The diversity of these experiences and my ability and willingness to fuse together all of these disparate disciplines is what has prepared me for the role I’m in today. I’m at America’s biggest network, and I pull on all of the different threads of experience to lead my team and to do the job well.
ZS: How did you transition from academia to the corporate world, and what did you learn from academia that prepared you for commercial success?
RS: The journey begins with knowing what energizes you and where you want to go, but from there you start by talking with people to understand your potential career options. I was very lucky that so many people were willing to have this conversation with me and guide me along the path, but ultimately, it’s about networking and getting to know people and the sector, as well as being very open to change. To a certain extent, I knew that even if I held a PhD, I’d still need to work my way up the company. That humility really helped me in the early years.
ZS: How did teaching in a classroom translate to presenting in front of executives?
RS: When you have to teach a classroom of 400 students, which I did at NYU, and you are either their age or just a year or two older, you learn a lot. Of course, I learned confidence and public speaking skills, but the other thing I learned was to have a degree of comfort with not knowing everything. When I was new to teaching, someone told me, “You only have to be one lesson ahead of the students.” That was very empowering, because it gave me room to figure things out along the way. That confidence has allowed me to step into so many different facets of media, entertainment, and analytics, because I know I don’t need to know everything, and I also know I will figure it out.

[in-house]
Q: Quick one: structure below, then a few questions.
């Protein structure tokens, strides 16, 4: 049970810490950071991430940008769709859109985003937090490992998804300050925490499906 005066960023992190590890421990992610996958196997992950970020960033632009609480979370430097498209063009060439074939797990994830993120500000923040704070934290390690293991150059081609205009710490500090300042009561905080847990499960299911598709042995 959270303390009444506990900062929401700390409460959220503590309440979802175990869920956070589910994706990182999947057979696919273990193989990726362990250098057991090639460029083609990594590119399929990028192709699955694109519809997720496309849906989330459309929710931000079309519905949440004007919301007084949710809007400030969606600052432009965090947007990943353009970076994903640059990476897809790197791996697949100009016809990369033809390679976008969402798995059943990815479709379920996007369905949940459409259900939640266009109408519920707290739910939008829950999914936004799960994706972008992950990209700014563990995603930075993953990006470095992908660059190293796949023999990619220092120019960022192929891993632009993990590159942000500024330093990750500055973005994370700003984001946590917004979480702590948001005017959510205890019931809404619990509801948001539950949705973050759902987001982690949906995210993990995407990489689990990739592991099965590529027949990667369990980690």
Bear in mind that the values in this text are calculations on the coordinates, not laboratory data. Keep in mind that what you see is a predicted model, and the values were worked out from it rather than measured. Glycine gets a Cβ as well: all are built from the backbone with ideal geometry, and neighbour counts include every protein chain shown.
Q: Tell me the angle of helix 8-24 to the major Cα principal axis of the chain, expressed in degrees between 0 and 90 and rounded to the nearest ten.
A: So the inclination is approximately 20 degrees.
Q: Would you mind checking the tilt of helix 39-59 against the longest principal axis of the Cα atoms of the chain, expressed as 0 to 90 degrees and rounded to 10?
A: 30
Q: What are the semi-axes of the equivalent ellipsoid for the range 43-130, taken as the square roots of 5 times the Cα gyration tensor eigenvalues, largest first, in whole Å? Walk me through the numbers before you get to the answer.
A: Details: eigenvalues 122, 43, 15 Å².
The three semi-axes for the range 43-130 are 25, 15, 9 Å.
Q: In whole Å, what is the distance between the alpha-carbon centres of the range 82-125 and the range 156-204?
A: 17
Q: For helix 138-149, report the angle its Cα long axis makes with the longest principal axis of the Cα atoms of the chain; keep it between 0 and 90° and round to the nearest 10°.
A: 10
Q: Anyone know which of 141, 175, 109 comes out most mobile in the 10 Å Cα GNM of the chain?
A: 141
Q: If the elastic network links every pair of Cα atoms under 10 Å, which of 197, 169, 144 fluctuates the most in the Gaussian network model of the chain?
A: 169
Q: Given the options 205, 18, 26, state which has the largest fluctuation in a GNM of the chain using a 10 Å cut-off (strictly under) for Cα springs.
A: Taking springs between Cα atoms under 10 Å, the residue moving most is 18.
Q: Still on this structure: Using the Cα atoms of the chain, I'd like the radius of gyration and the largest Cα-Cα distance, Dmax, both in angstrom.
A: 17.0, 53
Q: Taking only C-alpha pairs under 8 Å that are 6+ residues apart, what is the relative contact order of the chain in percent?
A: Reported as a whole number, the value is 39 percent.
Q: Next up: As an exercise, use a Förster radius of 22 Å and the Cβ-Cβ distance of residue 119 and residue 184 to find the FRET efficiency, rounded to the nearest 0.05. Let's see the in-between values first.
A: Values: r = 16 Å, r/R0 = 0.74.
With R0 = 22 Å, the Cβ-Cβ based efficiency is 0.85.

ZS: As a woman of color in the C-suite, what would you like to make your peers aware of?
RS: I want to start more broadly with something that applies to all of us: we all need to be aware that we come with unconscious bias. This is true of my peers, it’s true of myself, and it’s true of any of the eight billion people on this planet. We are all products of cultures, legacies, and histories, and we all have biases of some kind.
The key is to get educated, to be open to change and perspective. I would encourage anyone who is managing a group of people who are not from the same cultural background as themselves to be open to their own biases and to figure out things together along the way.
ZS: In your opinion, how has this conversation changed over the last few decades?